By Alex Sanderson
We've passed the half way point and only have 9 days left in Maintirano. So, what have we achieved so far?
When we arrived, we dove straight into learning about the lives of the fishermen here. By the end of our first week it was clear that the fishing is risky, but fishermen have no other livelihood. In order to feed their families, fishermen must brave the open ocean in their tiny wooden canoes.
The risk of death increases with distance travelled away from the coast in order to fish. Often, fishermen can travel up to 65km from shore. If the weather is bad, the boats capsize and cannot be righted. The only option for fishermen is to swim to shore. Those who have travelled further, have a longer swim back. They become exhausted, and some drown.
Having met so many friendly fishermen and their families, we thought we better get on with offering them our solution. So, in our second week, we aimed to introduce our easy to make, sustainable buoyancy vests. To start, we had to make some samples. We found the help of a local tailor, who made 8 buoyancy vests using her hand powered sewing machine in two afternoons.
We then started to tell the fishermen we knew about our idea. They were all excited, and eager to have their own. Bonina offered to trial a vest on his next fishing trip. We met him afterwards to hear his feedback. Overall, he was more than happy; he thought that the vests were comfortable, and offered enough flexibility for fishermen to be able to pull in their nets.
We also had the opportunity to present our vests at a fishing conference being held in Maintirano during the week. The conference, organised by Blue Ventures, brought together the representatives of every fishing village in the local region. We were able to present our buoyancy vests in front of all 40 of them. Their response was incredible. Everyone was delighted at our idea, and the buoyancy vests were quickly passed round for closer inspection.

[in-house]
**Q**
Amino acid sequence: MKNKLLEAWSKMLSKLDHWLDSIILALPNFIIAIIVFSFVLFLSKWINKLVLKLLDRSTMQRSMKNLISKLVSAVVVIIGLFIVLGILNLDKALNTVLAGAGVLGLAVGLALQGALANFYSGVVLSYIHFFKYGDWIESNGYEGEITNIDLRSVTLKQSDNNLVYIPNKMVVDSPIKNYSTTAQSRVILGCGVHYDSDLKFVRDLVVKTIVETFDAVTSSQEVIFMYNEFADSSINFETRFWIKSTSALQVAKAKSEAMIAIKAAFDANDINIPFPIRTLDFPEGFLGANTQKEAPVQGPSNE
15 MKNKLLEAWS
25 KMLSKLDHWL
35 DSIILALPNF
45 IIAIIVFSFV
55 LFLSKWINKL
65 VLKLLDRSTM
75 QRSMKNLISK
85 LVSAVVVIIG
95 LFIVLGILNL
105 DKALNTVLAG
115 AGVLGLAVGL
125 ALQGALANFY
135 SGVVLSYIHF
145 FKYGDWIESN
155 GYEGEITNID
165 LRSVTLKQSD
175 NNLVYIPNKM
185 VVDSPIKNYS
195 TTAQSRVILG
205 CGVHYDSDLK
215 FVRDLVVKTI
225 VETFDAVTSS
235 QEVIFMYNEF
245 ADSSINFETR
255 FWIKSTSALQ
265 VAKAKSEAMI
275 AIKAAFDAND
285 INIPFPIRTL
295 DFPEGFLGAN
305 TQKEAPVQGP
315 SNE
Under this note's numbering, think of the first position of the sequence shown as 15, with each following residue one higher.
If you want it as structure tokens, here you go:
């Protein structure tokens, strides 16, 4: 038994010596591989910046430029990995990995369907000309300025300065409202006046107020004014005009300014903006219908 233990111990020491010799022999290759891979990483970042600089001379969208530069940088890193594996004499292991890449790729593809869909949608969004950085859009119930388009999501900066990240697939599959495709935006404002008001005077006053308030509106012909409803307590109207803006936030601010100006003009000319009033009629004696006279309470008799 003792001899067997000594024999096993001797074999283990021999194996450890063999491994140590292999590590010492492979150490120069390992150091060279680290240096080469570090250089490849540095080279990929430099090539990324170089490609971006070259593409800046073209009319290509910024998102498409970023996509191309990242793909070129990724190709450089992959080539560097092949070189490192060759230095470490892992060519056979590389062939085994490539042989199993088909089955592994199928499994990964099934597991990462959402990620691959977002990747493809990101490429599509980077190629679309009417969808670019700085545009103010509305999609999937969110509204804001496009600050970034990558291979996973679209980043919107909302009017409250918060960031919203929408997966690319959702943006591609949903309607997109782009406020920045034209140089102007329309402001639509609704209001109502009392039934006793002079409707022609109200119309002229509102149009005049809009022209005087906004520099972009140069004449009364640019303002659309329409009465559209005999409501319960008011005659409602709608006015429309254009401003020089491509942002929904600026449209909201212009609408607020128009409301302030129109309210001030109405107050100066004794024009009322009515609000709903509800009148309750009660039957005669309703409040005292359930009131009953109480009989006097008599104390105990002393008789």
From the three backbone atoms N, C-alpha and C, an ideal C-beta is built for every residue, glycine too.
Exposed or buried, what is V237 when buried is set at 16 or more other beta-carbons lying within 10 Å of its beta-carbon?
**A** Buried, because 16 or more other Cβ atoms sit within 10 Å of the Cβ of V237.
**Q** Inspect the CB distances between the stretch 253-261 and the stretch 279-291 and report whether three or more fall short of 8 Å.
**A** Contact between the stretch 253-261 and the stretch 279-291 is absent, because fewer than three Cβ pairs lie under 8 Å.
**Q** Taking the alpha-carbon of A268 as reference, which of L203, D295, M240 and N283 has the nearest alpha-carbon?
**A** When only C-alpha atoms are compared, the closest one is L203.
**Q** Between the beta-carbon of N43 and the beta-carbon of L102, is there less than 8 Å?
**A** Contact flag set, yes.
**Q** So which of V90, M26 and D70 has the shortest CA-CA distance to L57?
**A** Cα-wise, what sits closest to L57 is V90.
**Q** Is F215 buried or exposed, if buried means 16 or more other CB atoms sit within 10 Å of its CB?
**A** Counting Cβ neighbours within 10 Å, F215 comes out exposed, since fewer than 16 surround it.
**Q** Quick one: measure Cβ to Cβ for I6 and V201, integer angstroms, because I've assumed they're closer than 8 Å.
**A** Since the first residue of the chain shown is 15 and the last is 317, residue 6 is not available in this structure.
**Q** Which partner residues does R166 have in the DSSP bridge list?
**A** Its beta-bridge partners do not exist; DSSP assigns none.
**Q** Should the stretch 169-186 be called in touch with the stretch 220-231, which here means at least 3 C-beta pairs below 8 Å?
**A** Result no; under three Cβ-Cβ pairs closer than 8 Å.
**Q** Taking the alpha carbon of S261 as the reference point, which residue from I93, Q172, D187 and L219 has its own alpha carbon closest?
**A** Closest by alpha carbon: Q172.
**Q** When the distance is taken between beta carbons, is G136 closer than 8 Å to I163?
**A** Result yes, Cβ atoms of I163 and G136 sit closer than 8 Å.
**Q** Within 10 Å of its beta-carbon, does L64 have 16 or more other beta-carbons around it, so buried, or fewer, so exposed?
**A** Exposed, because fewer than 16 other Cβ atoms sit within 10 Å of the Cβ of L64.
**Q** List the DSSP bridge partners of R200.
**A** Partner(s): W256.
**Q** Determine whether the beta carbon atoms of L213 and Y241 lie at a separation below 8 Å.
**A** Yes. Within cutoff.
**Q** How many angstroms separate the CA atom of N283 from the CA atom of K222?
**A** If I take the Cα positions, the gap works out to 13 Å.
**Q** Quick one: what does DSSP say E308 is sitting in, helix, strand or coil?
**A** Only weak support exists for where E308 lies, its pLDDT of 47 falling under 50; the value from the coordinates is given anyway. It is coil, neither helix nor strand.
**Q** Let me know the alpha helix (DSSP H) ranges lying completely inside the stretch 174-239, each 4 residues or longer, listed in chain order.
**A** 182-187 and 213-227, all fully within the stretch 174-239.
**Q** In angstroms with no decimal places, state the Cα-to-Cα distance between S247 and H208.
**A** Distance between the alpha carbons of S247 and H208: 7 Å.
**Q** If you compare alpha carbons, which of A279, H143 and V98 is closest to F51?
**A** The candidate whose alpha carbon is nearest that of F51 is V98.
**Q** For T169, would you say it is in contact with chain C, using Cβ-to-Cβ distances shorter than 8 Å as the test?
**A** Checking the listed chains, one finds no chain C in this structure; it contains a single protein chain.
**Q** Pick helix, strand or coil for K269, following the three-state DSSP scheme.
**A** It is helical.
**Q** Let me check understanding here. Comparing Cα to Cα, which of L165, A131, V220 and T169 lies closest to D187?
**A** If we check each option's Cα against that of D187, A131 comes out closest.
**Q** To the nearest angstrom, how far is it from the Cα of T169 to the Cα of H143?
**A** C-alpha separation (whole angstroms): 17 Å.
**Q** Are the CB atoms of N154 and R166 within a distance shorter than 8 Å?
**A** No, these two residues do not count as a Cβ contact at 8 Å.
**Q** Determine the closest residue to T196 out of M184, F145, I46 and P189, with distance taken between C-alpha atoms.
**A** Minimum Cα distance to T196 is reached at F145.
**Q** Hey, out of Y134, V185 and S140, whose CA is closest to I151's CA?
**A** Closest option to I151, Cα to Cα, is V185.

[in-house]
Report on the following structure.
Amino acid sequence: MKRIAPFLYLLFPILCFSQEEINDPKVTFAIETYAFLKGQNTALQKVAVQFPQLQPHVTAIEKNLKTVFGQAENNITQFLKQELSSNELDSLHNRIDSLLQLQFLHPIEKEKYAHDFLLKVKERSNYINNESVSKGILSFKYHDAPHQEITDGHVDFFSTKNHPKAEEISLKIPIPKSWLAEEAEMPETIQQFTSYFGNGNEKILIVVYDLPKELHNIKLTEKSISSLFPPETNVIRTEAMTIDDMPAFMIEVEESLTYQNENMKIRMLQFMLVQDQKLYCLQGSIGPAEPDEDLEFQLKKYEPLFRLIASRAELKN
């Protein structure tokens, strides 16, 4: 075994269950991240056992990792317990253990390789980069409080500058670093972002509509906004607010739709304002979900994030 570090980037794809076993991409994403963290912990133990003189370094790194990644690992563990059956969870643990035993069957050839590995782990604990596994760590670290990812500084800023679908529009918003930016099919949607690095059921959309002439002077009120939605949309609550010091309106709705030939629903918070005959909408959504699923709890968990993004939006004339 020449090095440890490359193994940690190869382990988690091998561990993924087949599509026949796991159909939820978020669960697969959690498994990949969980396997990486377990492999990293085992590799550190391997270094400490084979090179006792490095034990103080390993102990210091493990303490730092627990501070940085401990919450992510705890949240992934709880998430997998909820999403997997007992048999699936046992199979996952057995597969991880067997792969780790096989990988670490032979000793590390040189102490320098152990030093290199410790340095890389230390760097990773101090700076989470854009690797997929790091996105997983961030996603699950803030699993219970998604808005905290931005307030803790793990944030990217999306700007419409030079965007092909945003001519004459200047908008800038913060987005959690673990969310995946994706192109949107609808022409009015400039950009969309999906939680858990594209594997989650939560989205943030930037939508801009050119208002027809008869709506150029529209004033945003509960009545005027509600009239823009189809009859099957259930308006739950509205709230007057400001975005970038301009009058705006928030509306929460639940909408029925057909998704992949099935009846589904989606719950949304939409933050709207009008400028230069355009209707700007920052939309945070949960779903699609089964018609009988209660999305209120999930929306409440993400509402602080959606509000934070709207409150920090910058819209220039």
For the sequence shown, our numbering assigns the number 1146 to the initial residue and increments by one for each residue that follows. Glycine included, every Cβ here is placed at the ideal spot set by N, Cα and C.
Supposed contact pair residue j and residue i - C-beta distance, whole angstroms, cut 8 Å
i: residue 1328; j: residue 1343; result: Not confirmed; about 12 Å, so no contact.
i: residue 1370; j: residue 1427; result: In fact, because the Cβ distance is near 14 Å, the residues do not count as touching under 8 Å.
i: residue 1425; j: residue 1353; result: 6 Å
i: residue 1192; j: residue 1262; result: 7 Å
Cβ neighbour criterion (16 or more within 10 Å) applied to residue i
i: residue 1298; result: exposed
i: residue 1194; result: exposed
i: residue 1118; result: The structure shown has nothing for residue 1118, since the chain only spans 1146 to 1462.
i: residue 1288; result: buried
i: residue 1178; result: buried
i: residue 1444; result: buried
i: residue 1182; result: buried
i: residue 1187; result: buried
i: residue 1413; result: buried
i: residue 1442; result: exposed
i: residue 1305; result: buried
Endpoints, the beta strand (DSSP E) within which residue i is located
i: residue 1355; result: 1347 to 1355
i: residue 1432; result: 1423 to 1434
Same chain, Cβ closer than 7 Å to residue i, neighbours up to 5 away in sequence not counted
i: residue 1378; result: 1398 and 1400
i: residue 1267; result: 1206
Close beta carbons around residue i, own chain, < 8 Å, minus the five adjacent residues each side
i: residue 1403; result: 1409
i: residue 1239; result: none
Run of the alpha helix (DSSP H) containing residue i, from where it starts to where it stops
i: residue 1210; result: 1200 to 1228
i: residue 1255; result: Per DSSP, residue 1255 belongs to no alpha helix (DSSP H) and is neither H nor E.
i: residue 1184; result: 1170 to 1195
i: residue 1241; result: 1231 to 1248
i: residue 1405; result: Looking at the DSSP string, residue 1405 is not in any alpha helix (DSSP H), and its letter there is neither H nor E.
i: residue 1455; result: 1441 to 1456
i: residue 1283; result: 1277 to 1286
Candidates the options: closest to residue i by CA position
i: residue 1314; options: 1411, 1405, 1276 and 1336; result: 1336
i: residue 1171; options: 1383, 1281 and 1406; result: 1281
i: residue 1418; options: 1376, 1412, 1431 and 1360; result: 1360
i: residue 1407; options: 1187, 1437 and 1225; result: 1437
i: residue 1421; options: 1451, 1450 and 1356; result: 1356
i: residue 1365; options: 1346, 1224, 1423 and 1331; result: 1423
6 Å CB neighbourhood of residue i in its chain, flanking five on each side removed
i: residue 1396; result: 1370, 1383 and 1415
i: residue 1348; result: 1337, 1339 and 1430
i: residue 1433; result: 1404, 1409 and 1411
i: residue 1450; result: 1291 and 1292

We had planned to give one buoyancy vest per mini region for them to try and then give us their feedback, but there was almost a riot over who would and wouldn't get one. Some men even started to take measurements and drawings of the vest whilst we were still presenting, in order to make their own. Eventually, we negotiated who would take home the buoyancy vests. The fishermen were all so friendly, and even thankful, lining up in order to take individual photos with us. We couldn't have had a better reception.
Encouraged by this, we are moving into step 3. During the conference, we passed around invitations for the two local villages, Ampasamandoro and Ampalanhonko, to come to a buoyancy vest creation workshop. We will be holding these at the beginning of week 3. We hope that this will begin to spread the knowledge of how to make the buoyancy vests throughout the region, even after we have gone.